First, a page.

Card catalogue has continued steadily. ‘Miss Blackman has catalogued the valuable collection of spear-throwers, and was engaged in cataloguing a very large collection of primitive lighting-appliances which will eventually be added to the Museum. The catalogues already completed have been brought up to date. Mr A. M. Hocart catalogued a portion of the series of head-rests, but was not able to complete this.’

Usual series of lectures to Diploma students, no Sudan Civil Service candidates.

Hardly any specimens acquired by purchase, owing to necessity for economy, but list of donations long and of great interest. Museum especially enriched by collection bought back by Miss M. Czaplicka as a result of her recent expedition to Siberia, under the auspices of the Committee for Anth and of Somerville College: antiquities from the Minusinsk district, and native objects from Arctic Siberia. Previously the museum possessed hardly any specimens from this interesting region. Funds for purchase of specimens provided by Committee for Anth. ‘Mr J.H. Hutton has continued his important and generous contributions of specimens collected by himself among the Naga tribes of Assam, which are of considerable interest and scientific value.’ Gift made by Mrs. Sollas of specimens from collection of late Prof. H.N. Moseley mostly collected during voyage of HMS Challenger deserves special reference. Also ‘pigmy’ quartz implements from Ceylon, gift of Mr C. Hartley of Colombo; specimens from Melville Is given by Mr H.K. Fry; S. Pacific objects believed to have been collected by Captain Cook and given by the Rev. J. Franck Bright, late Master of University College; fine head-dress of a priest of Shango from Abbeokuta, presented by Mrs Braithwaite Batty.

List of accessions by donation (p549), by purchase and on loan (latter including 51 ‘forgeries of palaeolithic and neolithic implements and forged bone implement, all of which had been exhibited as genuine’, lent by HB)


13 June 1917, p549

Twenty-ninth Annual Report of the Delegates of the University Museum (for 1916)

Further increase in number of teaching staff, research workers and service staff who have left on military service. Gives list of those involved in the war effort. Electrical and Physiological laboratories and further rooms, and eventually the old Chemical Department buildings at the Museum are being used for a School of Military Aeronautics for Officers of the Royal Flying Corps. Fencing, barriers, temporary buildings have been put in, and on 13 September HM the King inspected the School of Military Aeronautics. Instructions drawn up for the Porter in the event of air raid alarms. Officer Cadet Battalions have used the lecture theatre from time to time during the year. (by HB)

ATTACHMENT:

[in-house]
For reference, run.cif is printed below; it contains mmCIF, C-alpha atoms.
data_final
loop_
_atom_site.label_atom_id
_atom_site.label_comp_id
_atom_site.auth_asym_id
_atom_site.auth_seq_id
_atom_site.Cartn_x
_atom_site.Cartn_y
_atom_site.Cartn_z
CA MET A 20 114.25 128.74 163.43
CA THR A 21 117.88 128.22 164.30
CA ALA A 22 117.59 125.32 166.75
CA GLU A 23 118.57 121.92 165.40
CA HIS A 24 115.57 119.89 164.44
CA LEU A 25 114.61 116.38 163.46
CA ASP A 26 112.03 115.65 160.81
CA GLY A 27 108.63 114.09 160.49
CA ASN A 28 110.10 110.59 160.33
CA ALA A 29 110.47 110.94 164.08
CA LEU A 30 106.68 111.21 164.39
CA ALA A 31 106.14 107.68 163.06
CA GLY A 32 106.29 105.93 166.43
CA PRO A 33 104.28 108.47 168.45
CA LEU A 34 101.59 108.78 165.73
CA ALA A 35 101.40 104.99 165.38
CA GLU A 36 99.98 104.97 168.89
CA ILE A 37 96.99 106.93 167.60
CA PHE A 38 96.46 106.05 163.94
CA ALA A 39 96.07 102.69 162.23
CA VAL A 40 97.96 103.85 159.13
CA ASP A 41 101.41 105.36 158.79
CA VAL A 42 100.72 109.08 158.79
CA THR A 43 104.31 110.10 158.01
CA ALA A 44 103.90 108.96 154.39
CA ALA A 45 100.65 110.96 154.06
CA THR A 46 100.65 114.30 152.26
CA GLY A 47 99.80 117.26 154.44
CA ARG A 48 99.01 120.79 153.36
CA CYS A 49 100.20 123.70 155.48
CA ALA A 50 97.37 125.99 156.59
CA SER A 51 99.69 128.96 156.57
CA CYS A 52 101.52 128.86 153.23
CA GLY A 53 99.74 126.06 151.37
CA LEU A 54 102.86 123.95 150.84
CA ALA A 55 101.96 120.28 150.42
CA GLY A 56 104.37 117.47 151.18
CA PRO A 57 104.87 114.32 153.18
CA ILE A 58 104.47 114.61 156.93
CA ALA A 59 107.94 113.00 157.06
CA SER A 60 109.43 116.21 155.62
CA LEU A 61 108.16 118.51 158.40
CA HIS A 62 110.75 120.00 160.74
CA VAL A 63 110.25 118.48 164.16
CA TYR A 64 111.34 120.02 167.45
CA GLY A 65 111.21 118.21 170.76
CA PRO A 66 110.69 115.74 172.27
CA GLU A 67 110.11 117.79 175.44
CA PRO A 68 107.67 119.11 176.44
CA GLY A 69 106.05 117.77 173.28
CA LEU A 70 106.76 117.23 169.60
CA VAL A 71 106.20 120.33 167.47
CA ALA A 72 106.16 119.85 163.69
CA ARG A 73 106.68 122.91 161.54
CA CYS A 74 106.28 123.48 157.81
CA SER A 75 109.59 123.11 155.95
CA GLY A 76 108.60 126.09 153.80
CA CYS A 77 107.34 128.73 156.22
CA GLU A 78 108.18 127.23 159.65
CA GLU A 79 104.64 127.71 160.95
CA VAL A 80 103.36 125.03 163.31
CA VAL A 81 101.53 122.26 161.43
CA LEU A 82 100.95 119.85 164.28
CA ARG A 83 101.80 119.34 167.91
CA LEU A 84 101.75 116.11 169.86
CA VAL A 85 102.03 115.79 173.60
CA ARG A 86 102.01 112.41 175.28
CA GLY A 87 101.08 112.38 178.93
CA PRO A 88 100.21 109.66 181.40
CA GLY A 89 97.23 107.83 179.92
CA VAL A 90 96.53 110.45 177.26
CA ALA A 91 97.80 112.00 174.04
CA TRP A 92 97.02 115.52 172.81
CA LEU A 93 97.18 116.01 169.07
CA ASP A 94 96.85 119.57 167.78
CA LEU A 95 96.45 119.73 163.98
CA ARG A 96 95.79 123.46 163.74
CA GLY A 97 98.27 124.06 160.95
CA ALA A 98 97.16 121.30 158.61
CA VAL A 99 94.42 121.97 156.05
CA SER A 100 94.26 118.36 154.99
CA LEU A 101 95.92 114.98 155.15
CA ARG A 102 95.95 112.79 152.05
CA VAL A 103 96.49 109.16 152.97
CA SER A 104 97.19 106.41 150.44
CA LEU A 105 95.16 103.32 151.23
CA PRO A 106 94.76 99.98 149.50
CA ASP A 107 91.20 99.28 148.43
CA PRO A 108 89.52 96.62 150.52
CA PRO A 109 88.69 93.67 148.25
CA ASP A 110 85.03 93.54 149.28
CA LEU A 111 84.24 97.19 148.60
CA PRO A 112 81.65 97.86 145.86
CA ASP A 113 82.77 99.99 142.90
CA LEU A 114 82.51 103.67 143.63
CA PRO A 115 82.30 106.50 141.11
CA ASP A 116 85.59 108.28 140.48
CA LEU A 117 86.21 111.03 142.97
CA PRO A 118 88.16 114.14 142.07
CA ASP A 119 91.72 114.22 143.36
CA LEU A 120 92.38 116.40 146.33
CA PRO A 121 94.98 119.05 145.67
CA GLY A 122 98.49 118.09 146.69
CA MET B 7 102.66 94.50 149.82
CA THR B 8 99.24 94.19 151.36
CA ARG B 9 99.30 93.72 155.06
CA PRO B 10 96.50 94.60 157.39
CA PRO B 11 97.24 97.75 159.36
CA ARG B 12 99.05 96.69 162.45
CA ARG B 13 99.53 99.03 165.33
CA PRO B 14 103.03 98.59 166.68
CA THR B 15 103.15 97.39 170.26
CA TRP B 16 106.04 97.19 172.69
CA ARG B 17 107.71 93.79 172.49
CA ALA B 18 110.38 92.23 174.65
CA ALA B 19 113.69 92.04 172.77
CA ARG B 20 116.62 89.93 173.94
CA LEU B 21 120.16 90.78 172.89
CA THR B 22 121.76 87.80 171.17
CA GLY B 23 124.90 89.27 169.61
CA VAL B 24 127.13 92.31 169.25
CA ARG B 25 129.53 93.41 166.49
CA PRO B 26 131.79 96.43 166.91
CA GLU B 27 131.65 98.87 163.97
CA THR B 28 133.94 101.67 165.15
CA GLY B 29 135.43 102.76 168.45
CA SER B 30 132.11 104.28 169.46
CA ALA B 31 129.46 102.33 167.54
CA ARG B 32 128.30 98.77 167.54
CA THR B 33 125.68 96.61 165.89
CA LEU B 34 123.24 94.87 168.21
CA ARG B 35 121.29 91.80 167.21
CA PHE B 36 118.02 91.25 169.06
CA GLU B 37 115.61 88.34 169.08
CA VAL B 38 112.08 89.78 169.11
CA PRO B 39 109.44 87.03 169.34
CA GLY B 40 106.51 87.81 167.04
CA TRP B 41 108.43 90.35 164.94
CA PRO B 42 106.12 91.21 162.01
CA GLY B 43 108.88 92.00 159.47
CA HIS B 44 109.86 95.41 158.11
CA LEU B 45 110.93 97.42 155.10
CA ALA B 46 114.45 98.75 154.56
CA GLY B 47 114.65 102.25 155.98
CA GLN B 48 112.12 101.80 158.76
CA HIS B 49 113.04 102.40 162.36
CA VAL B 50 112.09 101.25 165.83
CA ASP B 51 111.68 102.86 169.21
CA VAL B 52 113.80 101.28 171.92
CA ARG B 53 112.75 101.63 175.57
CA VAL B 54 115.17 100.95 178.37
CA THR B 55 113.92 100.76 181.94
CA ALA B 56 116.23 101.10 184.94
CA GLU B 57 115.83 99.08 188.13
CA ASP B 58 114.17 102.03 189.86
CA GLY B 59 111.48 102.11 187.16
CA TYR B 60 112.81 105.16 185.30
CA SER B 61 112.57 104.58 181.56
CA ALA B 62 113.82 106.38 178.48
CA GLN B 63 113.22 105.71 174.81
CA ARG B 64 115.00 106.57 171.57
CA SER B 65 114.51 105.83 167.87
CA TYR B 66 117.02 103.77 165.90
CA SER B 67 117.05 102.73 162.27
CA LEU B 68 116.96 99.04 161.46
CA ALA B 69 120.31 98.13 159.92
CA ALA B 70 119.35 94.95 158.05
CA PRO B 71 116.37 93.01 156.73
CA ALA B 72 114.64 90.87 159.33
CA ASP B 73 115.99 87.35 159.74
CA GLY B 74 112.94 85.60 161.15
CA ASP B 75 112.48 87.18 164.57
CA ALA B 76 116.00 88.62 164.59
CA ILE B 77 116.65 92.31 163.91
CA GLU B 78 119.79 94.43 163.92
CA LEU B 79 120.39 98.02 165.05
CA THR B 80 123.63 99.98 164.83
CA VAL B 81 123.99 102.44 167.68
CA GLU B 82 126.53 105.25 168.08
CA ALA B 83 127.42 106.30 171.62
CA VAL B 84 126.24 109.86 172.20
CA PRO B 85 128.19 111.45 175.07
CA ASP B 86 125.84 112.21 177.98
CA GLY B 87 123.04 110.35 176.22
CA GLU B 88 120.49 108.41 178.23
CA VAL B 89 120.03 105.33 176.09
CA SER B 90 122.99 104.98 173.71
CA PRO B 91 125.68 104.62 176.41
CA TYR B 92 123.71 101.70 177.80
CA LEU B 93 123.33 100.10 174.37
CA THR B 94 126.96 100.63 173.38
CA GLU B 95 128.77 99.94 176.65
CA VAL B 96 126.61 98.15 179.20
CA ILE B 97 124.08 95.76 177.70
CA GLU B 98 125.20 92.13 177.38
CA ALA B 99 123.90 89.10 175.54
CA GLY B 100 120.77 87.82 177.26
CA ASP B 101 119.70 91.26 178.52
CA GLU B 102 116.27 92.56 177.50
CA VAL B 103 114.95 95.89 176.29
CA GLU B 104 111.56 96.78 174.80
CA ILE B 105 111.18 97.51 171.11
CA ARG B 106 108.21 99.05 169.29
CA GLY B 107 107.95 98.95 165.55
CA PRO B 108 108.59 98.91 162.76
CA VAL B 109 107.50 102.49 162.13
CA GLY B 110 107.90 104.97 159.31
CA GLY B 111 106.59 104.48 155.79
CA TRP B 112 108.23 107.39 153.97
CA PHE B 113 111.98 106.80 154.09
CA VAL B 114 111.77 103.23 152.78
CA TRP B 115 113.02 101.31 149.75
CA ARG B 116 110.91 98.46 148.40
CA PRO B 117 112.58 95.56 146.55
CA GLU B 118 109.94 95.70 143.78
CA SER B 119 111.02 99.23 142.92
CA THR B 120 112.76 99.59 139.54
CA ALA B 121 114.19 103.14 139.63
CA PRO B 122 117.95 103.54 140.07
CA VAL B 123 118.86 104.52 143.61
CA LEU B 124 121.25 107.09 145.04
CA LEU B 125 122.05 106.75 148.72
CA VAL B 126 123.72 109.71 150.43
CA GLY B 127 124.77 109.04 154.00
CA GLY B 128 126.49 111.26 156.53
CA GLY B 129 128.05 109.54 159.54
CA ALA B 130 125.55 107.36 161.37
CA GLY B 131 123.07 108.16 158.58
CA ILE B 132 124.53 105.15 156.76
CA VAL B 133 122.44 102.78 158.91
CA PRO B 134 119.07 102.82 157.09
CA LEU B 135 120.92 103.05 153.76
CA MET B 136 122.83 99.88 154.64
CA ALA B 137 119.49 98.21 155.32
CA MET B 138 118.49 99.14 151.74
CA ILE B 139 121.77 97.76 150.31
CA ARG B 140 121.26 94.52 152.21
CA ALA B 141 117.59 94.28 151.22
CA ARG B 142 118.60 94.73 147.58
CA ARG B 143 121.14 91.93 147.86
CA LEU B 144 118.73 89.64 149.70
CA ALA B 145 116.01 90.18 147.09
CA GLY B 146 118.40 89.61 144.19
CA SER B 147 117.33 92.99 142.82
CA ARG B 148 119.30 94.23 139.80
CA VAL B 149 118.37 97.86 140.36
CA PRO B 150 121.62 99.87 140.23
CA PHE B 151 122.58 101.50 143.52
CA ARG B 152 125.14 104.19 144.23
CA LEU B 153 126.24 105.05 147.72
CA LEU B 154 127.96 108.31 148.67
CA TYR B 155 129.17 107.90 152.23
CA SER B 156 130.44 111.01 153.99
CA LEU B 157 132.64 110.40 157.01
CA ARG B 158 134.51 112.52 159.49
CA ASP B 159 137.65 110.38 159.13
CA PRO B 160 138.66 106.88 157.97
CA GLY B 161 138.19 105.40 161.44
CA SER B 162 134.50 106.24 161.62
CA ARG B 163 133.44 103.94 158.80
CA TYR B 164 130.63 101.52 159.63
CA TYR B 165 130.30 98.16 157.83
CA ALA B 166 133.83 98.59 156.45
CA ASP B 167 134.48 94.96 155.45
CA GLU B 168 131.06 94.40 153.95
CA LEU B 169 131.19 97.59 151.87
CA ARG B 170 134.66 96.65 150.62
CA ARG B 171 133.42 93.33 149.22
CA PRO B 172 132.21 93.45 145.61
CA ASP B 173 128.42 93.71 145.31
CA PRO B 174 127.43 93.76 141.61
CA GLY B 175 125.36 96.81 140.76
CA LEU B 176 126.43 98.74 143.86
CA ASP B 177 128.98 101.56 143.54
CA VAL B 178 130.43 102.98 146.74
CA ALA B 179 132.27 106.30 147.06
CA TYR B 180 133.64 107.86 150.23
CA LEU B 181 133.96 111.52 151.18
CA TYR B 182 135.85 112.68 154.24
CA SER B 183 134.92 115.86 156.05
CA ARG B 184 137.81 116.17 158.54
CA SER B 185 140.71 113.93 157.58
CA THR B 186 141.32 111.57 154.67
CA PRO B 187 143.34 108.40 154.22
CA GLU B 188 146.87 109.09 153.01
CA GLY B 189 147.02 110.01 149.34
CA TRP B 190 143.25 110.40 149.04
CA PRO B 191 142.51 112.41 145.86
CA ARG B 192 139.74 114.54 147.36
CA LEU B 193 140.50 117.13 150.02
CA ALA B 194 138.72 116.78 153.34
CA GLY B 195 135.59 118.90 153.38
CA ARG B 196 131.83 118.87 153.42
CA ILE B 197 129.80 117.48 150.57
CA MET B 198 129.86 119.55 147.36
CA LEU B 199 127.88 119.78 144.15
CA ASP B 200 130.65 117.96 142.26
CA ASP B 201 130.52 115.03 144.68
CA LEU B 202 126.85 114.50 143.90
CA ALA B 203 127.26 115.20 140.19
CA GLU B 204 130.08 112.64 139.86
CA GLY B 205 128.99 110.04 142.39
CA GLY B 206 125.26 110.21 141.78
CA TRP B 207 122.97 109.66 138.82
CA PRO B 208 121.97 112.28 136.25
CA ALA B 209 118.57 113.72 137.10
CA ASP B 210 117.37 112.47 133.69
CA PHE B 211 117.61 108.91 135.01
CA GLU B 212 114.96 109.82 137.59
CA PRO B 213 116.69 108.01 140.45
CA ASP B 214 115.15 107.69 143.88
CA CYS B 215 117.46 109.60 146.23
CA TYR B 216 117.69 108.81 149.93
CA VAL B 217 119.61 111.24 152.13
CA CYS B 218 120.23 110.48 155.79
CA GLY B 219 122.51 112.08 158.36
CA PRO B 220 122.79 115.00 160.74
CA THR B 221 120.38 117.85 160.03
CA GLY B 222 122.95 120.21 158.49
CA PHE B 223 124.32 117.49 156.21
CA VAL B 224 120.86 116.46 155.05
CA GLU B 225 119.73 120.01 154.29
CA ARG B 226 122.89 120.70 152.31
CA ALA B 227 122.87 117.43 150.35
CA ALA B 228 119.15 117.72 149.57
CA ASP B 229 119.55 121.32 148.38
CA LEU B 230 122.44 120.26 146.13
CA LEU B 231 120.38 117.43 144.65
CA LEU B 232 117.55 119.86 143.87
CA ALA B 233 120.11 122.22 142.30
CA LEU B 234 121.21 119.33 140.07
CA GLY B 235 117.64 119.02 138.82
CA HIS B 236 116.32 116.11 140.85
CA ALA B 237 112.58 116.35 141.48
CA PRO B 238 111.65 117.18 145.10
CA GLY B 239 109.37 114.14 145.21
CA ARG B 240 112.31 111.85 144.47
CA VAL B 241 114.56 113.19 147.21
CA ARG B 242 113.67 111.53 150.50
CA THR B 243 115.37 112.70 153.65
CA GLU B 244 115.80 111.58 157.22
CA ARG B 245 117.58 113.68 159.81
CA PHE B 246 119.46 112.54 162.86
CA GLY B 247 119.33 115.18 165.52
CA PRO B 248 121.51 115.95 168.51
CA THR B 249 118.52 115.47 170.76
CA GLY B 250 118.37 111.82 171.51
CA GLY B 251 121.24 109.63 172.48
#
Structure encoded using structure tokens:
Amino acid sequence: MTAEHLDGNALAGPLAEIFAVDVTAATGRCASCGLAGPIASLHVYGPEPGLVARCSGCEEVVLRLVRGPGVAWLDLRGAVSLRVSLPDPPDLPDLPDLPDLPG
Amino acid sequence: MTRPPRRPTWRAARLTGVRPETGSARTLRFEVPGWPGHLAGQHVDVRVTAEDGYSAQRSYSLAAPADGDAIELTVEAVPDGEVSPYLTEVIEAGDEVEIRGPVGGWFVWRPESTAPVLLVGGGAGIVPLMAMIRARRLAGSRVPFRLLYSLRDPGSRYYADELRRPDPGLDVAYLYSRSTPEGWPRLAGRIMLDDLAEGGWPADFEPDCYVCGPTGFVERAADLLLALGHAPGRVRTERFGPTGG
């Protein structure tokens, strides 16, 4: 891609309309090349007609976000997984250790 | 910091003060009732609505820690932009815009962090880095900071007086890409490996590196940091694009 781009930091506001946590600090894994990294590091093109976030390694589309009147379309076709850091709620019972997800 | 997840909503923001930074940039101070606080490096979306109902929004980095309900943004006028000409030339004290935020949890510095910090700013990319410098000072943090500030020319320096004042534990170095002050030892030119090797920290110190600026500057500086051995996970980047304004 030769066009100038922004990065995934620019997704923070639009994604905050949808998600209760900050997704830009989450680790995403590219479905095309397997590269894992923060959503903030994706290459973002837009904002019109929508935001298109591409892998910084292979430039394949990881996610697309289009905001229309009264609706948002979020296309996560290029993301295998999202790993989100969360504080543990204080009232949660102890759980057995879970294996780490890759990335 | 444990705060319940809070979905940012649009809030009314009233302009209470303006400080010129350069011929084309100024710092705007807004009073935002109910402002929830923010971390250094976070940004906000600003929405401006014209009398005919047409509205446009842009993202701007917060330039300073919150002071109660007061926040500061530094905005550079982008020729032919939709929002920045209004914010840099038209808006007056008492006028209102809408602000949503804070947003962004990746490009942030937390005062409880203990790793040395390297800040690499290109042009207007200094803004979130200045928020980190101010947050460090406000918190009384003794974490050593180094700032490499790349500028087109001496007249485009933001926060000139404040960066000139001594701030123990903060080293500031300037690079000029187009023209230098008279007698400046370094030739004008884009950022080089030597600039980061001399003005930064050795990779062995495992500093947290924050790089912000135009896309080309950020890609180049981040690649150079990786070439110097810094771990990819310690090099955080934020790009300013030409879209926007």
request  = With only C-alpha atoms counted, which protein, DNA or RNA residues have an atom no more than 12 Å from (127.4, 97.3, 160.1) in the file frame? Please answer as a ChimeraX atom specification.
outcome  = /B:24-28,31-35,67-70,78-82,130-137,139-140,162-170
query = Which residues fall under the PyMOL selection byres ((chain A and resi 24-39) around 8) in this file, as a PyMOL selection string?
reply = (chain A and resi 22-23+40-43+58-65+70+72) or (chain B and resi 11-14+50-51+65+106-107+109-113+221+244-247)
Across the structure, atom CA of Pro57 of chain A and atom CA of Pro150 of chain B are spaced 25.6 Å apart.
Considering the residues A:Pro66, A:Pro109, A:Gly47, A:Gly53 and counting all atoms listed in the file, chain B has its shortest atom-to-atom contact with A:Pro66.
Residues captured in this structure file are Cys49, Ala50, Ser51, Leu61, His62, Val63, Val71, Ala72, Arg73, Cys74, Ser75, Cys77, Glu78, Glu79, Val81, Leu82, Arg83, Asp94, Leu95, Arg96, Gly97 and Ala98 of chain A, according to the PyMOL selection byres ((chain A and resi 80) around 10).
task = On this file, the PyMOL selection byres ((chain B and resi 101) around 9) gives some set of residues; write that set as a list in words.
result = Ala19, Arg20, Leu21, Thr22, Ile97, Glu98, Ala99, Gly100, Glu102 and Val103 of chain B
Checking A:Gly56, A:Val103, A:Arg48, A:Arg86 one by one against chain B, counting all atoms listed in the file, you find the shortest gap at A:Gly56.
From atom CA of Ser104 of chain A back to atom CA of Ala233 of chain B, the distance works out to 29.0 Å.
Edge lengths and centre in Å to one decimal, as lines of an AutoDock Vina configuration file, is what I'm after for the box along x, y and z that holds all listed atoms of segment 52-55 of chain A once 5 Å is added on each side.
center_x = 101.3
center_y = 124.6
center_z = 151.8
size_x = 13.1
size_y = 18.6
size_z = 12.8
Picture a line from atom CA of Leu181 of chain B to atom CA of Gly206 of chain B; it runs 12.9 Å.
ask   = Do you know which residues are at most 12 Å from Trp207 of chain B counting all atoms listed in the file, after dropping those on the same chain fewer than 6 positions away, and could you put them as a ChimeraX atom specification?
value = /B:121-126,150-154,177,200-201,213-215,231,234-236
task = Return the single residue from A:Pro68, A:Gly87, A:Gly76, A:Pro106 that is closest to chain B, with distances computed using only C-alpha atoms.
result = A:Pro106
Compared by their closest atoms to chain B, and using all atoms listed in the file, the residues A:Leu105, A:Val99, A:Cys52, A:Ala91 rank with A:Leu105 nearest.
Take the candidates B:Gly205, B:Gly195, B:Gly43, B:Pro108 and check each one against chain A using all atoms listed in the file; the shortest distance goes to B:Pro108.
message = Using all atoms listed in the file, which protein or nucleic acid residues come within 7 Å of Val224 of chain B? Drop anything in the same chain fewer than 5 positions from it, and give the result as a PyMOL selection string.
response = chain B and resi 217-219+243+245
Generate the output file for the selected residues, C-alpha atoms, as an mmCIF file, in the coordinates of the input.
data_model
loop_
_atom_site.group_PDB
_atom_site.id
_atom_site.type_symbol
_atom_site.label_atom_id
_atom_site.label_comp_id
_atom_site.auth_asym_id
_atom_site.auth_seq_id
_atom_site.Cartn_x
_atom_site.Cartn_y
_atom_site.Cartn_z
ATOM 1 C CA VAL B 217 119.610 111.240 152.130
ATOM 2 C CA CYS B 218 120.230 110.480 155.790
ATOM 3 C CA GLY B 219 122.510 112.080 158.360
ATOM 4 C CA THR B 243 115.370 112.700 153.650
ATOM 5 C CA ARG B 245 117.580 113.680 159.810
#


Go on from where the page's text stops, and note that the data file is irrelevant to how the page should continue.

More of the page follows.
6163 visitors, £14 14s 9d in admission fees

Magdalen grant for Scientific Assistants: £100 to Pathology, £50 to PRM, £100 to General Administration Fund of the Museum

Report of the Curator of the Pitt-Rivers Museum, 1916

(by far the longest report this year, which is unusual)

progress with the rearrangemnt of the Prehistoric series in the Upper Gallery. Further section of weapons arranged in the wall cases, labelling of specimens was improved. Part of the series of bows was rearranged, and a better system of exhibiting the collections of bolas and lassoes was adopted. Several small series arranged in the Lower Gallery – an interesting and large selection of native spoons. Second hand wall cases erected in the Court and used for exhibiting specimens. Iron building to south of main Museum proved very useful and fitted with second-hand drawers etc. Large number of phonograph records, chiefly of native music, have been arranged in this room.

Card catalogue has been continued by Miss W.S. Blackman, and the series of spoons, of ornaments involving artificial deformation, and of lighting appliances have been added to the catalogue. ‘A very large collection of lighting appliances which will be given to the Museum shortly was also card-catalogued.’ The existing catalogues have been completed up to date.

Usual lecture courses to Diploma students.

Police regulations regarding lighting have rendered work in the Museum difficult and trying during the winter.

‘The suggestion that the Pitt-Rivers Museum should be taken over by the Royal Flying Corps was fortunately not adopted. Had it been carried out, it would have entailed enormous loss, and would certainly have resulted in extensive and irreparable damage, in addition to undoing completely the work of thirty years.’

Noteworthy accessions: Mr W. Scoresby Routledge has given large proportion of the collection he made on the yacht Mana to Easter and Pitcairn Islands. Large collection of objects from Southern Nigeria collected and presented by Mr P.A. Talbot – many of the ceremonial objects hitherto unprocurable and of high interest, acquired under very exceptional circumstances. J.H. Hutton continues his generosity to the Museum and send numerous specimens of much scientific importance. Interesting contributions from Rev John Roscoe, Mr Woodthorpe, Rev. R.H. Codrington, Mrs Braithwaite Batty.